The joy or pleasure they may have once hoped they would get from a job slowly shrinks to a nostalgic throb somewhere in the lower abdomen, in a state of torpor. They work only to live and survive, like a heroin addict, where the drug is money and promotion and the elusive prize of one day winning the Rat Race.
But the Rat Race becomes more of a hamster wheel to eternal damnation.
Have you or anyone you know won the rat race yet?
What does winning the Rat Race look like?
Isn't there always bigger, better, faster, more?
A soon as you think you are getting close to achieving the American Dream, the goal post moves again, and you keep running to keep up.
There is always a new necessity, a new toy or technology, a new desire to be fulfilled with material wealth.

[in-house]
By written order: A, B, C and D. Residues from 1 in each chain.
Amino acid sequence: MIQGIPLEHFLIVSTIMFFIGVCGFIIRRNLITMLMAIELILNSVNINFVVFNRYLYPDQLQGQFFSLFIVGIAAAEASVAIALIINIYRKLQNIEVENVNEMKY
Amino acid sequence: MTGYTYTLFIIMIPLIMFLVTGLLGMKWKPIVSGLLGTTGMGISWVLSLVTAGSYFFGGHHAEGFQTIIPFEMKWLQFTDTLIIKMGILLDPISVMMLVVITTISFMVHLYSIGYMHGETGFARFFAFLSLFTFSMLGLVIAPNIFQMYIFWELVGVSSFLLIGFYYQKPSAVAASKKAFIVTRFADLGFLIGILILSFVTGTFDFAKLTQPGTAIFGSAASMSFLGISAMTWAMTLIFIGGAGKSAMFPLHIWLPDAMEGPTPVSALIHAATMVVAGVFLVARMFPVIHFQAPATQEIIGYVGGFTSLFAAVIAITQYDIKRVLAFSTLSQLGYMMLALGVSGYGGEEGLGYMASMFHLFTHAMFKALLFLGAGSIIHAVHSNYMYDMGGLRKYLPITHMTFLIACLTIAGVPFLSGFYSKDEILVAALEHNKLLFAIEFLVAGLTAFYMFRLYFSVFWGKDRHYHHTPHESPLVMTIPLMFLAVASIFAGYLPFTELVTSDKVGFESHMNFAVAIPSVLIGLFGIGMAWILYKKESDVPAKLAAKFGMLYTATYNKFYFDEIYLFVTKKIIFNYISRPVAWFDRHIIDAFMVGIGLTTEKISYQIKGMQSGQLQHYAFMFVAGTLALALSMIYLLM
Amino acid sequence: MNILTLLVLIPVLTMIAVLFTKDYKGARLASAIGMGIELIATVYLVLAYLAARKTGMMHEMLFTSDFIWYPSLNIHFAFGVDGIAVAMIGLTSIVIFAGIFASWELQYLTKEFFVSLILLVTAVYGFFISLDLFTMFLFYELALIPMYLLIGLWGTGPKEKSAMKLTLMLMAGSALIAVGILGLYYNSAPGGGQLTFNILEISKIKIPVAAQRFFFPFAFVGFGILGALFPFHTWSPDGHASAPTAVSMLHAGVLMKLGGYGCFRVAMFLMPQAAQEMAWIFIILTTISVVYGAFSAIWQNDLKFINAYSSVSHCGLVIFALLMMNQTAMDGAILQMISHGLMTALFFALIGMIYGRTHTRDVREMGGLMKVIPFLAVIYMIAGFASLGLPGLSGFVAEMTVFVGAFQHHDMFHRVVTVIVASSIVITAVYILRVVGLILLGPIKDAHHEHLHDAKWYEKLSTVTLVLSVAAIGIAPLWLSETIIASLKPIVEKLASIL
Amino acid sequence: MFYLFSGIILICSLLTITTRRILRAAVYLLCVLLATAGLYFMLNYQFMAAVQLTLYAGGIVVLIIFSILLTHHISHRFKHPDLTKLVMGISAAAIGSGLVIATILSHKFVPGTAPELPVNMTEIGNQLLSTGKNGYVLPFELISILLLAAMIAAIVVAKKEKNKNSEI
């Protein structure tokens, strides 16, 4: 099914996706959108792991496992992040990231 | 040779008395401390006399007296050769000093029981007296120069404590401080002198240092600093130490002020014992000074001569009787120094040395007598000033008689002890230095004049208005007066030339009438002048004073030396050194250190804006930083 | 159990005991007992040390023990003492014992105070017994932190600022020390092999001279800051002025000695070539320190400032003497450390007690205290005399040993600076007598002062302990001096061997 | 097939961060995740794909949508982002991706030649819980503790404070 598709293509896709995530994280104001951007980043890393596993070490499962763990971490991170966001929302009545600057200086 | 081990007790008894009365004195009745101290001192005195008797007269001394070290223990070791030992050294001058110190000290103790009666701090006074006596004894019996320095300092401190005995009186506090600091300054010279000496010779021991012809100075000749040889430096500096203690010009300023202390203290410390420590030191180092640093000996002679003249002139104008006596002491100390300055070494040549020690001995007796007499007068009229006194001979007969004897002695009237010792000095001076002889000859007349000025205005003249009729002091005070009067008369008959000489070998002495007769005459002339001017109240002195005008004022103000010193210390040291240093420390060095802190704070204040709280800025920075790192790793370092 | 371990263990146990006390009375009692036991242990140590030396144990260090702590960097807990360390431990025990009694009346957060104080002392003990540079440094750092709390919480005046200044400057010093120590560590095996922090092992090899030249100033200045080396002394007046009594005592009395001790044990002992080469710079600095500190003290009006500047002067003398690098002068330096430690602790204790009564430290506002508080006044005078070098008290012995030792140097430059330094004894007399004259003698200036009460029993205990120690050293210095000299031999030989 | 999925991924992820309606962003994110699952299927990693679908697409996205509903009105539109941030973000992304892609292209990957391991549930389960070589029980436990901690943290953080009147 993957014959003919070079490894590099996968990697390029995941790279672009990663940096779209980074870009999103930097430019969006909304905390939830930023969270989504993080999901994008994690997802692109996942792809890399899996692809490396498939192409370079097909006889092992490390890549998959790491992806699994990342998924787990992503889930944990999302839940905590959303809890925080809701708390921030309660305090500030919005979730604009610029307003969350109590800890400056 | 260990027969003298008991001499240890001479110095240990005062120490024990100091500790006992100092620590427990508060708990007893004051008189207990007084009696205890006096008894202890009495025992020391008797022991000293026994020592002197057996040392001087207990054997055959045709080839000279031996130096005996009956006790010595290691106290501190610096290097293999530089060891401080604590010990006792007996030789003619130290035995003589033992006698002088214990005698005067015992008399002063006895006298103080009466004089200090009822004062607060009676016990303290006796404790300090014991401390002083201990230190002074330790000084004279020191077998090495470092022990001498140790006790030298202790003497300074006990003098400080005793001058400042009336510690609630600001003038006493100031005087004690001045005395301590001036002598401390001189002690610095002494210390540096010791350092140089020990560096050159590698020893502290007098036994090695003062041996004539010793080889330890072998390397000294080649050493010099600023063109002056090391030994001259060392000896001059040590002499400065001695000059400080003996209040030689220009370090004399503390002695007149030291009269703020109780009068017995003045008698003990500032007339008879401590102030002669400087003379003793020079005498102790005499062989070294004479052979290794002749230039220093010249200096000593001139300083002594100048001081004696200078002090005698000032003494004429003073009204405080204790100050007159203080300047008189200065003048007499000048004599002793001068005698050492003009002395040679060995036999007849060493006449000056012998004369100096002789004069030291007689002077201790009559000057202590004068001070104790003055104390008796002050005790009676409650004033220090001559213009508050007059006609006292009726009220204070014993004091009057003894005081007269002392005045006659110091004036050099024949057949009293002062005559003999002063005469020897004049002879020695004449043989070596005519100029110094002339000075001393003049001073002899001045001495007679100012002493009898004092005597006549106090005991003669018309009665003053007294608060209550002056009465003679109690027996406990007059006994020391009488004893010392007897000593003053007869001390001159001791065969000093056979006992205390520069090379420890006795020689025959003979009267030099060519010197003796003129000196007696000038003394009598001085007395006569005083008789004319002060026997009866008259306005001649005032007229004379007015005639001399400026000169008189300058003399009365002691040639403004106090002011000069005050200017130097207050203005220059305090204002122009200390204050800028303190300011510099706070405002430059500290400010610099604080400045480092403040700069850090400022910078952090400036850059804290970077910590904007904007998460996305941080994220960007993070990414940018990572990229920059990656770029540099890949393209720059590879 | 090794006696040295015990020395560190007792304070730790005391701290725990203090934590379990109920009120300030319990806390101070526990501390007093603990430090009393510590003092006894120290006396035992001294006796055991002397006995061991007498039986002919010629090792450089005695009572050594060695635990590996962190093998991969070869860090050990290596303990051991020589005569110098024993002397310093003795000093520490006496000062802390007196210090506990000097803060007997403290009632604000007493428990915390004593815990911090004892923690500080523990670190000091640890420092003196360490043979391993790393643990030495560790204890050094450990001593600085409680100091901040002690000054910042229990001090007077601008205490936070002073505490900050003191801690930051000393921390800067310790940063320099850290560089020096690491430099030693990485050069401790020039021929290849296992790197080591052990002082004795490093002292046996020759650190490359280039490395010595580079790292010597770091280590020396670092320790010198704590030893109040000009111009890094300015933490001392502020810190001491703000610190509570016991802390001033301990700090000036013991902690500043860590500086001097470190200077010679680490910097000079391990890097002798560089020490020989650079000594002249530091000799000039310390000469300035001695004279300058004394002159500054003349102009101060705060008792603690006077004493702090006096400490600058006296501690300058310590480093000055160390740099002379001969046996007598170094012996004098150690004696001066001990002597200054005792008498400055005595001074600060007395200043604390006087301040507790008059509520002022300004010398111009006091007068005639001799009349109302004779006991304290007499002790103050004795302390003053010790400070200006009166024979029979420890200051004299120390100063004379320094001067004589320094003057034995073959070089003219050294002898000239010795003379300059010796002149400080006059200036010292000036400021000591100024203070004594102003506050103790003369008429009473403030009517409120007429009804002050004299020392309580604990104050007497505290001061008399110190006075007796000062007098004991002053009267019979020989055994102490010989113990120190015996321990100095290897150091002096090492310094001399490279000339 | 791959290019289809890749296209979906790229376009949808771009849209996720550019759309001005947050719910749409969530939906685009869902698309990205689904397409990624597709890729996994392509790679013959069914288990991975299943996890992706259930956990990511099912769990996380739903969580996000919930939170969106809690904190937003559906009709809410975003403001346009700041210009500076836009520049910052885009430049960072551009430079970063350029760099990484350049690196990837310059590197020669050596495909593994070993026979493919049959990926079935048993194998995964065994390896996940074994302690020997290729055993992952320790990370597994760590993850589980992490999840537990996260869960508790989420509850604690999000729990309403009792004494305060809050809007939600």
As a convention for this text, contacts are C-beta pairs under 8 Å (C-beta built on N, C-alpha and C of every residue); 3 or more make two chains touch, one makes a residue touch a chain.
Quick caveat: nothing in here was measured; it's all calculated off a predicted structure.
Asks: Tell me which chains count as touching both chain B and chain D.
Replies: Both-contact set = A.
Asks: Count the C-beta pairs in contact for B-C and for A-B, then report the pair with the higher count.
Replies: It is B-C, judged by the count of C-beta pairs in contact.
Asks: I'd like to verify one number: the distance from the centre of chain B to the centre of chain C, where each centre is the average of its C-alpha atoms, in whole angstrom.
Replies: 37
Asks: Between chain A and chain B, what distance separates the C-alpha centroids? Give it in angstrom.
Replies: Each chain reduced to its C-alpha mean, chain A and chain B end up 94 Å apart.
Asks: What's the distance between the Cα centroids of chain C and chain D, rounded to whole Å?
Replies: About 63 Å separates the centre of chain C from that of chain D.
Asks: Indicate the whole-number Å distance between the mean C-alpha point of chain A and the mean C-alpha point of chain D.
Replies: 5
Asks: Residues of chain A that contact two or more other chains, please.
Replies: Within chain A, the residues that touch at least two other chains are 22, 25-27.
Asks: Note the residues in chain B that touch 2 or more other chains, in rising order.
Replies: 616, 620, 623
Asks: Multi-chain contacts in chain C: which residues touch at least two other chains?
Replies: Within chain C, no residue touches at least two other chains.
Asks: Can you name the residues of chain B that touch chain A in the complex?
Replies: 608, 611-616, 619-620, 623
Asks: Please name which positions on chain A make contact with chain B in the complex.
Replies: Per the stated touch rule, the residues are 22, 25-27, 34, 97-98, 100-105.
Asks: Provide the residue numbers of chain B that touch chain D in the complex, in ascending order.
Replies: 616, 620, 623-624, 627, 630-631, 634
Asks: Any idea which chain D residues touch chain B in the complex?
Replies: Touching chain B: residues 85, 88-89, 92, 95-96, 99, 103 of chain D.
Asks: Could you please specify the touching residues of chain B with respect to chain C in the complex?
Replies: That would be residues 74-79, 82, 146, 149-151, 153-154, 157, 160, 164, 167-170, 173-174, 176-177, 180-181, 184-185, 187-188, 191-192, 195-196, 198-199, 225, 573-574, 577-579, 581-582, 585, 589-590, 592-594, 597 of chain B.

It seems to me, the only way to win the Rat Race is to stop running it, to say, "I am not playing anymore," and get off the hamster wheel.
Being in the Rat Race is the surest way to lose it. Is retirement the goal? When you are old, will you look back and say, "I should have spent more time in the office?" Or will you say, "I should have spent more time with my family and pursuing my passions and dreams?"
Get off the hamster wheel. You don't have to have more to be happy. Be happy with enough and say enough is enough.
I played jazz last night, and as a result I did not aerobically exercise this AM. This is often the case on Wednesdays, because the lateness of jazz night encourages me to favor more sleep over more exercise. However, I brought my bike to work and I am going to ride with a co-worker for about 45 minutes to an hour at lunch. He is a new guy at work and as a nube he still sticks to a pretty conventional work schedule, not exceeding the generally excepted 45 minute lunch break between noon and 1 PM. I’ll accommodate him today, in the interests of getting my aerobics in. So in about 15 minutes, I am going to go put my bike clothes on and be ready to ride at noon. Since I have my cruiser today (mountain bike in the shop, getting a tune up), I believe we are going to stick to pavement. My vote would be to explore the trails in Pheasant Branch Park near Middleton, where we work.